Allison and Catherine Pierce are two sisters that were born and bred in the deepest of the deep of southern places, the beautiful yet tragic, State of Alabama. They were soon removed from formal schooling when it was realized that Allison was leaving deep crescent moon shaped bite marks on the arms of the boys in her class and Catherine discovered that she could raise her body temperature at will to 102 degrees and had to be sent home daily due to self induced fever.
They were taught at home by their painter Mother and guitar wielding Father and classes consisted of painting, writing, singing, dancing, herbology, cooking, daydreaming, spell casting, theatre and a little bit of regular academics for good measure.
Allison was kidnapped at age 16 by a radical born-again, gypsy, dancing troupe that whisked her around the Country on a dilapadated bus. They spoke in tongues and meditated and descended upon unsuspecting people and danced for them until they wept and fainted and joined their cult. Victims of kidnappings often begin to relate to and sometimes even love their captors and such was the case with young Allison. She soon began to forget Catherine and settled into her new life as a dancing gypsy.
In the meantime, Catherine set out to find her lost sister. She knew that chaos always springs from restriction, so in order to find the origin of the madness that robbed her of her sister, Catherine trained with the strictest of Russian and French ballet masters. Under the guise of mastering her skills as a ballerina, she rooted deep into the minds of these tyrants until all clues pointed her to the balmy marshes of Mississippi.
They escaped in the heat of the night and hid in the twisted branches of a weeping willow until the sun came up. They hitchhiked back to Alabama in three days, where their Father reminded them of their first love…music.
Allison took up guitar and they honed their harmonizing skills until even they could no longer tell which voice belonged to which sister. They took their act to the stage and were soon pursued by smooth talking men in slick suits that promised them fame and fortune if they would only sign on the dotted line. The girls were hypnotized and promptly sold their souls to the devil.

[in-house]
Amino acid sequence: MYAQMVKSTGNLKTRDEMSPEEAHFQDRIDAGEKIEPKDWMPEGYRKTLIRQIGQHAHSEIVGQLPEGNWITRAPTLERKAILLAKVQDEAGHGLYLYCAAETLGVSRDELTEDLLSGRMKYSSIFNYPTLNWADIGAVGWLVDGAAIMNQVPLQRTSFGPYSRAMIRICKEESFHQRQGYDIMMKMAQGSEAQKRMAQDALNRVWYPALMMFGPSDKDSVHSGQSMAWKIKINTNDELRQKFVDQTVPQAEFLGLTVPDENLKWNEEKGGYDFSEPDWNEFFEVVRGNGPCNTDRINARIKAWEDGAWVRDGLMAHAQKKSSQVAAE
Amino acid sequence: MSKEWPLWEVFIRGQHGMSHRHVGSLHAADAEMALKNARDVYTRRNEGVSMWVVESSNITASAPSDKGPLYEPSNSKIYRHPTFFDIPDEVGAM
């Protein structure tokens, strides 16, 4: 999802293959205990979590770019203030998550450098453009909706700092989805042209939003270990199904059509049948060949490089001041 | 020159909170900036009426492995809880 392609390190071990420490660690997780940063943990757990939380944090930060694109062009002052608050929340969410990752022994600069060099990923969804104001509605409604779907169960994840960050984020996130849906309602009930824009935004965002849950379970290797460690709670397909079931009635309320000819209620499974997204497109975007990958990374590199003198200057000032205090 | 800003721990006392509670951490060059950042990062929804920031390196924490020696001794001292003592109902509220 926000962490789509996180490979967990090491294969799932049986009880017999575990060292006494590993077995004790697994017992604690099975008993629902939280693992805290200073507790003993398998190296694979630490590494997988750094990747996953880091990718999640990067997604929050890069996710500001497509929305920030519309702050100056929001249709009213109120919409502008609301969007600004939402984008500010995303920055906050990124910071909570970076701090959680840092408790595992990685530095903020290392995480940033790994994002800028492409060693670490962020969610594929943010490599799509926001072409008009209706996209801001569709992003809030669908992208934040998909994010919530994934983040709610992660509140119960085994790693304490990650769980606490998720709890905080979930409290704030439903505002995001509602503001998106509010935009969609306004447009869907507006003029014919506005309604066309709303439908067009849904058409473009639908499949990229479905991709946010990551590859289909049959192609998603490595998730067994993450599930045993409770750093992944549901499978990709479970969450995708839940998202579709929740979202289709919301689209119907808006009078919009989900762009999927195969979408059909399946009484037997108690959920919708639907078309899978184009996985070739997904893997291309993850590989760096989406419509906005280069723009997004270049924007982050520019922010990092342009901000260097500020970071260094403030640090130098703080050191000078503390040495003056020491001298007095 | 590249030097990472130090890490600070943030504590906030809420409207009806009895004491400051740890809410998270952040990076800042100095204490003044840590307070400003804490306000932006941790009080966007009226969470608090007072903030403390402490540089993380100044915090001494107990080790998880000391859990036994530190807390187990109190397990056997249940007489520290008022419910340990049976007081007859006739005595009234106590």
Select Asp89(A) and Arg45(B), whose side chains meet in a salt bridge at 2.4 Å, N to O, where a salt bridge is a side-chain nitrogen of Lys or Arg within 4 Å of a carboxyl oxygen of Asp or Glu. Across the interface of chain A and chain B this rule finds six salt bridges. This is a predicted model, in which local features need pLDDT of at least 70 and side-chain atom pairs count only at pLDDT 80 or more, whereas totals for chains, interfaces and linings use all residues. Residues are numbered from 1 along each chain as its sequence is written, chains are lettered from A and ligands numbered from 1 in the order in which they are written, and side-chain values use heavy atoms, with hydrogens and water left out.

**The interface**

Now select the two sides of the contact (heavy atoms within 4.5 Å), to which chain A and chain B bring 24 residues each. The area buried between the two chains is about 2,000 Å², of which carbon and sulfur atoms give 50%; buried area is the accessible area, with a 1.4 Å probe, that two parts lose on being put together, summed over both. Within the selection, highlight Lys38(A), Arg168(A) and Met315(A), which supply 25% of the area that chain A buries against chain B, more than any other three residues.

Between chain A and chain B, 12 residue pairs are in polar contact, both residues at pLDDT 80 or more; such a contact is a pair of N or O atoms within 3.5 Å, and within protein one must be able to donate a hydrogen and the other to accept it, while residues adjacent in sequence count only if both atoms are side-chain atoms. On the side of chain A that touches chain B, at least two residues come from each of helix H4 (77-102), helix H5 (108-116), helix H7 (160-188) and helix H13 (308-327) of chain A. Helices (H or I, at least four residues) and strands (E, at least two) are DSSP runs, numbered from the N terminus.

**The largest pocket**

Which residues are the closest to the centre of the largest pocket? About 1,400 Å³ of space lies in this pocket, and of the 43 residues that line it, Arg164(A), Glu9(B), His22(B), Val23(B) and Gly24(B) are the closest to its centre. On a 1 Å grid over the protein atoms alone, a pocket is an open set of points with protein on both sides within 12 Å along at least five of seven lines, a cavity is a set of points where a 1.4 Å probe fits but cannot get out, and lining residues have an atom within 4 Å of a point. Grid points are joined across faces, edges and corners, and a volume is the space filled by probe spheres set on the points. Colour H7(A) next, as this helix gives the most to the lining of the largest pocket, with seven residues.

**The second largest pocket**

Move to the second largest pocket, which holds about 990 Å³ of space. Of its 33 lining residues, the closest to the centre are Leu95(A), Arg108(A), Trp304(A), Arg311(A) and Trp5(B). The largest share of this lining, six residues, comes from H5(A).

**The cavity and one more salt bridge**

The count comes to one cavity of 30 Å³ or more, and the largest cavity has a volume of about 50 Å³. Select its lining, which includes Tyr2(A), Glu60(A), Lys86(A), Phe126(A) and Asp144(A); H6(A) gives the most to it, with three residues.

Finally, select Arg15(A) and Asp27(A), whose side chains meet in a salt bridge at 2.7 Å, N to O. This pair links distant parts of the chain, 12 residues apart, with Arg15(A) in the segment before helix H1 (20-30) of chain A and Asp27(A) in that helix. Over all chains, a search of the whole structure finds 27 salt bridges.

For a while everything went along nicely, but slowly they began to realize that without their souls, they couldn’t seem to write the songs they wanted to write or say the things they wanted to say or even to make a simple decision about their careers without doubting themselves. The devil was always lingering over their shoulders.
Years passed on and finally the sisters decided enough was enough. Contract or no, they would no longer be slaves to the devil! He had had his way with them and realized they weren’t making him any money, so he released them, but told them that he’d never give back their souls.
Downtrodden, but hopeful the girls set out to New York City, hearing that this was a place that welcomed the souless.
Along their path they encountered a jolly ex-pirate that had given up his days of raping and pillaging to become a peaceful music producer. He took the girls under his wing and fed them sushi and brick oven pizza and gave them cheap wine to drink. They laughed and made music and he told them that souls cannot be bought and sold, only stifled. Then the Pirate asked them a question that they had never before been asked. “How do YOU want your music to sound?” The girls thought it was a trick at first and did not know how to respond, but they consulted and thought back on their lives and told him that they wanted it to sound like a fever induced, gypsy dream that you have after drinking too much red wine while listening to a cabaret singer in a southern speakeasy that is run by witches…and he knew exactly what they meant.